The broader definition of ODA for water The broader definition of ODA for water used in this report includes projects that come under the following headings: • Projects classified by the DAC in the water supply and sanitation category (see the seven headings above). • Hydro-electric power plants, including power-generating river barges. • Agricultural water resources: irrigation, reservoirs, hydraulic structures, ground water exploitation for agricultural use. • Water transports: harbours and docks, harbour guidance systems, ships and boats; river and other inland water transport, inland barges and vessels. • Flood prevention/control: floods from rivers or the sea; including seawater intrusion control and sea level rise related activities. The headings not included in the DAC’s «water supply and sanitation» category are included in other categories such as energy or agriculture. It should be noted also that some infrastructures included in the above headings concern seawater and not freshwater. In this document, the term ODA refers to total ODA, and the term ODA for water or ODA for water supply and sanitation refers to the definition used by the DAC (see above). The term ODA for large water infrastructure corresponds to ODA for irrigation projects, flood prevention, river transport and hydroelectricity. The term broader ODA for water refers to the sum of ODA for water and ODA for large water infrastructure. Unless stated otherwise, the figures related to ODA for water in this report are those for the category «water supply and sanitation» as defined by the DAC.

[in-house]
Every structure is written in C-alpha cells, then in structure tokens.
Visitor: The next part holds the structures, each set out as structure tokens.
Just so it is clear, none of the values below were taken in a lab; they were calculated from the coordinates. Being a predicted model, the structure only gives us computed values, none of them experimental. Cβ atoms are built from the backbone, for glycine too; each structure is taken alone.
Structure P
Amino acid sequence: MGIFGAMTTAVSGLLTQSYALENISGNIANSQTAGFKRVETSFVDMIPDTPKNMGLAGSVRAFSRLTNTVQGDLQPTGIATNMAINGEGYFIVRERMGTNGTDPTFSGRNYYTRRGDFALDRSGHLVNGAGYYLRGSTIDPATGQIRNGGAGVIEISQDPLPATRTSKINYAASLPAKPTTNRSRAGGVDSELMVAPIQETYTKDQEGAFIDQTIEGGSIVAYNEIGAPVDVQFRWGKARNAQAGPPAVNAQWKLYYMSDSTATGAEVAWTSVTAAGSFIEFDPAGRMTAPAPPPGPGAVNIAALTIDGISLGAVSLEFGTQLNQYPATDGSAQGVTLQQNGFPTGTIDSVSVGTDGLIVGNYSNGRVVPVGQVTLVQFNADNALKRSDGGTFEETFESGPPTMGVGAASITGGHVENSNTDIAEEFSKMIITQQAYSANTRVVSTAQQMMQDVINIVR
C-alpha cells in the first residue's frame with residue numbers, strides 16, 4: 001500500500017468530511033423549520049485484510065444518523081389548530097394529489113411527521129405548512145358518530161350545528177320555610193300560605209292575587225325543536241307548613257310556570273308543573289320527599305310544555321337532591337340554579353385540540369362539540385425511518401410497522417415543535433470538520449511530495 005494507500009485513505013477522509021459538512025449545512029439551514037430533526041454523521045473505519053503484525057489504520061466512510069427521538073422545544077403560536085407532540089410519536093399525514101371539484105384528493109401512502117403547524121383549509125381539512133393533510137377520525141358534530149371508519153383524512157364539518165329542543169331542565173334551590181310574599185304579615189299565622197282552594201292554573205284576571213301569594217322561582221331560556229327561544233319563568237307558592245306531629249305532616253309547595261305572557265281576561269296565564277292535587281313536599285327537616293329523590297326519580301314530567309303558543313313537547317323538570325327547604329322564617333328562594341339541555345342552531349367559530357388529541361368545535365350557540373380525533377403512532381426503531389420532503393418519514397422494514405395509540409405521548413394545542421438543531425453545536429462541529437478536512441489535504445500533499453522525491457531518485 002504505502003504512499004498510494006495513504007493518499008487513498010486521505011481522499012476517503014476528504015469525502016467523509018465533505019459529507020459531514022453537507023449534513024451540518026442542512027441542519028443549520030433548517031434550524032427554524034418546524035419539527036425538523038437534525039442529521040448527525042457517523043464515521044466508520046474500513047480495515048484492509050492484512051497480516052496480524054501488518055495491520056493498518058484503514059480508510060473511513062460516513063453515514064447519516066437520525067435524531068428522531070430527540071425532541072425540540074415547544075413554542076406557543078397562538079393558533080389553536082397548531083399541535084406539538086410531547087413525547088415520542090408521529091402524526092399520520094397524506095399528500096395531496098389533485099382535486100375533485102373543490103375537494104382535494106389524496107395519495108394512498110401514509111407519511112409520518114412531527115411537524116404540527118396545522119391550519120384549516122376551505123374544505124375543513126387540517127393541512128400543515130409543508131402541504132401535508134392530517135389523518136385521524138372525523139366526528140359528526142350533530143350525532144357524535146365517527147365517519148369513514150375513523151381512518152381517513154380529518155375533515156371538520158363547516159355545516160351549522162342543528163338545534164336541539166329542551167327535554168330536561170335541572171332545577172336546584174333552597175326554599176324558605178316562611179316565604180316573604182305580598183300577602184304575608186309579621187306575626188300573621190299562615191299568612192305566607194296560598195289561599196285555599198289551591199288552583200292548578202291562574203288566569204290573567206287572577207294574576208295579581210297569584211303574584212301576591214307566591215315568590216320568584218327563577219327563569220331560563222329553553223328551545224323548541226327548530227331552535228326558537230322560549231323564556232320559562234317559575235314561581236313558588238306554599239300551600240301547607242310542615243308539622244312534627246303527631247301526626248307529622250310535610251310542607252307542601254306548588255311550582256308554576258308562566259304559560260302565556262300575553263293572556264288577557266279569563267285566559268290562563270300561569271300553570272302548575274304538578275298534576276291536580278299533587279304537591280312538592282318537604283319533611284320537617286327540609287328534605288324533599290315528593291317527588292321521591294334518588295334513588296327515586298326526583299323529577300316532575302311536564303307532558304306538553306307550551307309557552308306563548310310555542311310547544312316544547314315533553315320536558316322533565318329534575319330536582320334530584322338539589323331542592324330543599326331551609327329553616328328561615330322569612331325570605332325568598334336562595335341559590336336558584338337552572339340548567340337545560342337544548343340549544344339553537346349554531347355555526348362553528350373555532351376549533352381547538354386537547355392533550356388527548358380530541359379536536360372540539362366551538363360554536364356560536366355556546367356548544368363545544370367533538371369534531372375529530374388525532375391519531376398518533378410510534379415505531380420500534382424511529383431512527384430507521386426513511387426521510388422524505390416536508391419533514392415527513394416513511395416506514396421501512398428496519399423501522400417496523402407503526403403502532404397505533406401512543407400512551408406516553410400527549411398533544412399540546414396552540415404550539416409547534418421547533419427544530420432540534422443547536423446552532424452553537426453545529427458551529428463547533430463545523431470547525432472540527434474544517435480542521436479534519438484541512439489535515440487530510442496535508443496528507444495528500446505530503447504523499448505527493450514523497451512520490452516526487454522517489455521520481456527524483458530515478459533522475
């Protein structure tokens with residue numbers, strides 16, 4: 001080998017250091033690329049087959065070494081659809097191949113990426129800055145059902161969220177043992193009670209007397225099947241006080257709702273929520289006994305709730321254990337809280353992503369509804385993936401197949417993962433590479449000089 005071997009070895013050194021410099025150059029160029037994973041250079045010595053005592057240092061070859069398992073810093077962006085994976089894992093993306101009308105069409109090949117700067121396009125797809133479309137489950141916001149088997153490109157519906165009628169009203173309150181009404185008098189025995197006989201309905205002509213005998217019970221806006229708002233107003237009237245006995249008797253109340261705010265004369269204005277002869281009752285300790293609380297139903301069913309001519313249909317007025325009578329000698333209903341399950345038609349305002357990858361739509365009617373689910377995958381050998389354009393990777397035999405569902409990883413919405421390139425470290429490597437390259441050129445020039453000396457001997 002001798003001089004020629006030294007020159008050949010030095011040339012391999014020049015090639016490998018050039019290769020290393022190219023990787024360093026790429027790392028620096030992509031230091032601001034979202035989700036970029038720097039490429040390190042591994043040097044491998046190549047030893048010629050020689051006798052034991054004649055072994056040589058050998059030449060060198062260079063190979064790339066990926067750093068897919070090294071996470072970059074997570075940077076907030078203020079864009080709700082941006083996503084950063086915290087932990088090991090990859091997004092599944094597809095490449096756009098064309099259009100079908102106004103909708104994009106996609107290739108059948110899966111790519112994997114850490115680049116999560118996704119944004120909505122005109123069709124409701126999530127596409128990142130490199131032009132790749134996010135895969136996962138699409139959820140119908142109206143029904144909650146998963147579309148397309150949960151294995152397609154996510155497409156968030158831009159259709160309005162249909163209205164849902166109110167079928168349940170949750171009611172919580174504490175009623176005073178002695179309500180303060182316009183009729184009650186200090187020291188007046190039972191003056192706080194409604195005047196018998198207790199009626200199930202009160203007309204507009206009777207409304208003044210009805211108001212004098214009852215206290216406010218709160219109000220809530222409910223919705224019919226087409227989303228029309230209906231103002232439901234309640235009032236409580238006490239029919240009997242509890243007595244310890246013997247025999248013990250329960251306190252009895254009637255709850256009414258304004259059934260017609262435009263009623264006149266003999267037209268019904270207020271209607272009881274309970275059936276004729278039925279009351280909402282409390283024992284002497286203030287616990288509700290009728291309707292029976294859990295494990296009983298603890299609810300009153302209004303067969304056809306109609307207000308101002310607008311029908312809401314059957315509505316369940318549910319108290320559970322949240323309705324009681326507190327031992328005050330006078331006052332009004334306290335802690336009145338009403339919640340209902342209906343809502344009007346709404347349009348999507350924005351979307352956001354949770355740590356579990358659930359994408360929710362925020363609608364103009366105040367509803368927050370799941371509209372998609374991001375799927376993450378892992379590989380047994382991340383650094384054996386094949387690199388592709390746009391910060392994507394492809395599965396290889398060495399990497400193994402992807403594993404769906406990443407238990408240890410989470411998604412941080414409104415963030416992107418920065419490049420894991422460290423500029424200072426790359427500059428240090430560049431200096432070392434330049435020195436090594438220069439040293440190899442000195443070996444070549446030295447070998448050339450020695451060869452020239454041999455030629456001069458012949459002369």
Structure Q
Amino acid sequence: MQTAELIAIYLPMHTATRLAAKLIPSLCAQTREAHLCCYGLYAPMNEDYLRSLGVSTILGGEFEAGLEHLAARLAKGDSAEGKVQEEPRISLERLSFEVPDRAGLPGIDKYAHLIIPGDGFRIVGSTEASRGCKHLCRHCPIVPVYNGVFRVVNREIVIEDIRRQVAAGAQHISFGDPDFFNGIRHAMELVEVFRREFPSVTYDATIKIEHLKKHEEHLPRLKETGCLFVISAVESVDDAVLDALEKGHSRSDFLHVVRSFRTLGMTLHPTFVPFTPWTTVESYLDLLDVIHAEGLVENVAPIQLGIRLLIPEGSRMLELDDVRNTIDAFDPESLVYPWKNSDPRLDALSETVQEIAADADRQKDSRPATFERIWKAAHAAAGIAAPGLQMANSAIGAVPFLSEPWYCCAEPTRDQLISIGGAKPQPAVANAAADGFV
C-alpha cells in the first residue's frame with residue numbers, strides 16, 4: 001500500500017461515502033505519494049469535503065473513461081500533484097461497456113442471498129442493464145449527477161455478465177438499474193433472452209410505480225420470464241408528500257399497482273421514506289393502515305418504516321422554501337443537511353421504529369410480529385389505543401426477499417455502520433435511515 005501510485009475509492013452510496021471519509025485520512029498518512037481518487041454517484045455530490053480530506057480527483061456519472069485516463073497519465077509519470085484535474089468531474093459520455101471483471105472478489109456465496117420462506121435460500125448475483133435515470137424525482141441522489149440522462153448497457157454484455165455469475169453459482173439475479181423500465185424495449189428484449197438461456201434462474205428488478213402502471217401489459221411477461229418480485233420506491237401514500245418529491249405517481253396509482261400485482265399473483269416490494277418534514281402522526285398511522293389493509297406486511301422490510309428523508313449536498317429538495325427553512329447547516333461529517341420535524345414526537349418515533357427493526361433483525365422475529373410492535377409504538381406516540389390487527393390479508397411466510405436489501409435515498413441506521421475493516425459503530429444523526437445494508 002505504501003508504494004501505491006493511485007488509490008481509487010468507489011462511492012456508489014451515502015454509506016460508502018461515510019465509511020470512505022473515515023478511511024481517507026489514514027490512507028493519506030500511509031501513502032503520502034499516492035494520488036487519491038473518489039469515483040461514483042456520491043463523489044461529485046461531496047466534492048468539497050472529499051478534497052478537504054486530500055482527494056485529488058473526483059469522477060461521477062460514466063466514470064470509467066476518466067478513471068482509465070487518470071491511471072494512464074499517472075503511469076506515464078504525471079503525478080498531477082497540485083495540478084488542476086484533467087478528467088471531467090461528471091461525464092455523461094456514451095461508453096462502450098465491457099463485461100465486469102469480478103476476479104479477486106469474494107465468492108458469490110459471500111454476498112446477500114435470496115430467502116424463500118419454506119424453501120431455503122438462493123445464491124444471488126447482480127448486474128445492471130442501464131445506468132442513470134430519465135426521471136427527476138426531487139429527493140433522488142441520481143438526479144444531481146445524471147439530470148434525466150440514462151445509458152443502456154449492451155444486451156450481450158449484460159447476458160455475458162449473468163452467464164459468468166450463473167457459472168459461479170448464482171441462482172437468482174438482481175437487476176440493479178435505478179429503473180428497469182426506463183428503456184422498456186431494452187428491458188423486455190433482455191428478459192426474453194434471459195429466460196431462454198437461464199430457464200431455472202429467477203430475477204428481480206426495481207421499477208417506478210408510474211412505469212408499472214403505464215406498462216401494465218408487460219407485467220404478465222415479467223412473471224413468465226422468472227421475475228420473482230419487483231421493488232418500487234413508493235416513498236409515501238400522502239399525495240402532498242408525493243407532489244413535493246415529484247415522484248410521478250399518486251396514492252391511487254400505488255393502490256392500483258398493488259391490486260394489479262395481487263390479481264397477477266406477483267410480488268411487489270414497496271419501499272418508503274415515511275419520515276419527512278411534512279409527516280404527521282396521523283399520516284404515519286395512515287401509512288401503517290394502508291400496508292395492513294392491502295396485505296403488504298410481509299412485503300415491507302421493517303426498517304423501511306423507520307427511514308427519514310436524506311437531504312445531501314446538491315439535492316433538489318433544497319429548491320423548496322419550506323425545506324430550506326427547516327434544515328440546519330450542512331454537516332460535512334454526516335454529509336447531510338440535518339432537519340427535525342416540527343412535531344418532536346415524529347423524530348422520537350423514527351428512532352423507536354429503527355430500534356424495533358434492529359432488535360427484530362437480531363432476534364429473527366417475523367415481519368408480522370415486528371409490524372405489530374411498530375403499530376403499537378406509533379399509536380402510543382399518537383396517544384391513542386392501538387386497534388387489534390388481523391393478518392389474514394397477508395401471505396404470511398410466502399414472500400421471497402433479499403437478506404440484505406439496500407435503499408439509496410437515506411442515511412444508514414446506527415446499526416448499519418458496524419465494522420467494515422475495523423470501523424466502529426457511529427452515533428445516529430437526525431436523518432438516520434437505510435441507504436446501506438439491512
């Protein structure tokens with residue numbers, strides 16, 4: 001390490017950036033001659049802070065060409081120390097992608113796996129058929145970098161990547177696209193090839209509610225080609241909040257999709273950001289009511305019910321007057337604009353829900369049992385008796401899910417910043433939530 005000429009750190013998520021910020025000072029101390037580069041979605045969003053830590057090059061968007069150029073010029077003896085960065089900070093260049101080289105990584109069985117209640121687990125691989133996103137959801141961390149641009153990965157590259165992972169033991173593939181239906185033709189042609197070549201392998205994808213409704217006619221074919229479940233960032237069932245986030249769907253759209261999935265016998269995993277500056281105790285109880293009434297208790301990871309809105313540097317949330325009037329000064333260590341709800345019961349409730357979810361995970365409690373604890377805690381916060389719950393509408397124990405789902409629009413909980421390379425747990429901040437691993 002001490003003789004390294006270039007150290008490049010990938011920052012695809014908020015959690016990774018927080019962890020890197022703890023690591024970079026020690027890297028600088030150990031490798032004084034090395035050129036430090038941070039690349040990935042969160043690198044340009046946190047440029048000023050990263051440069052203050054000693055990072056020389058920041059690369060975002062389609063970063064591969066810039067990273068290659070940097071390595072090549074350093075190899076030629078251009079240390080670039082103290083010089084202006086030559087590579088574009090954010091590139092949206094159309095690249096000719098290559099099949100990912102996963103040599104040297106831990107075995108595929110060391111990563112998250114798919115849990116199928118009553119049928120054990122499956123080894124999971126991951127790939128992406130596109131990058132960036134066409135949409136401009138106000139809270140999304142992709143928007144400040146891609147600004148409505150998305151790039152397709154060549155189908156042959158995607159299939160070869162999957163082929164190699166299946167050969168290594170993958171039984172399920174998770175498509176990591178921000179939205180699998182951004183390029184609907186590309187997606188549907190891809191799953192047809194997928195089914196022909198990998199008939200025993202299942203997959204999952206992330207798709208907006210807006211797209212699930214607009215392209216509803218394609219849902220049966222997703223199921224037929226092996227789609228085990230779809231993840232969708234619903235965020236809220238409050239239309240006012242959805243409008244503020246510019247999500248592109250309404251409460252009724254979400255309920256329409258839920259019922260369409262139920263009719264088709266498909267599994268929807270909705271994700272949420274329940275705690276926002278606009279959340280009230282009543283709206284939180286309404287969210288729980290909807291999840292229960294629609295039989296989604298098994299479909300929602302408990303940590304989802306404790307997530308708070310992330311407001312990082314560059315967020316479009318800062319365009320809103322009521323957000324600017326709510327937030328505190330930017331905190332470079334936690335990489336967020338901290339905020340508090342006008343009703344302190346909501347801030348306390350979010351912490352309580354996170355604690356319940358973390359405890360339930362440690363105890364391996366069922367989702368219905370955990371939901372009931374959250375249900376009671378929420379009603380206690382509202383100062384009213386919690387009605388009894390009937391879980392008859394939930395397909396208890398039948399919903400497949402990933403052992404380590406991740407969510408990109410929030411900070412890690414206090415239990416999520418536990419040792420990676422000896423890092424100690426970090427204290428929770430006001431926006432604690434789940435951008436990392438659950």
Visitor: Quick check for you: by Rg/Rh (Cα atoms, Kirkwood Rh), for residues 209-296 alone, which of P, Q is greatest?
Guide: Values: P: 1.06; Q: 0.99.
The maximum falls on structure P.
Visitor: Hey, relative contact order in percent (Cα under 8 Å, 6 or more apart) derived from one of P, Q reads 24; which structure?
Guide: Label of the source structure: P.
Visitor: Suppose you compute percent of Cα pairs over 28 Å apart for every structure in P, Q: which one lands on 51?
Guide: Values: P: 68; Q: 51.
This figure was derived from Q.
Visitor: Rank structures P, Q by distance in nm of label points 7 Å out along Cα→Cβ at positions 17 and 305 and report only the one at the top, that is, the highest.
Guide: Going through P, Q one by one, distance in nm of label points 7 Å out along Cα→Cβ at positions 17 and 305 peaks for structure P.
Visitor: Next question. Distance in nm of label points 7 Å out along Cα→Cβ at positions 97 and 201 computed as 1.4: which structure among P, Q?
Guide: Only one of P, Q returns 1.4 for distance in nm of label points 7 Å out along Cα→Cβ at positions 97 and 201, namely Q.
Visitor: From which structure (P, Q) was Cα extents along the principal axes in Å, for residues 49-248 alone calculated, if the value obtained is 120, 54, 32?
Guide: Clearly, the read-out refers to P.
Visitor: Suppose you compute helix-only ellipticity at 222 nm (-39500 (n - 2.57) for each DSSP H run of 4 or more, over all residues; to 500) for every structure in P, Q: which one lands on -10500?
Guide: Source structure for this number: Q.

6

ODA for Water


EVOLUTION OF ODA COMMITMENTS In this document, the financial data are all related to commitments and are expressed in 2003 constant US dollars to make comparisons easier. The data for total ODA are taken from the DAC online database (database on annual aggregates). Unless stated otherwise, other data in this document for ODA per sector are taken from the CRS online database (database on aid activities) 17.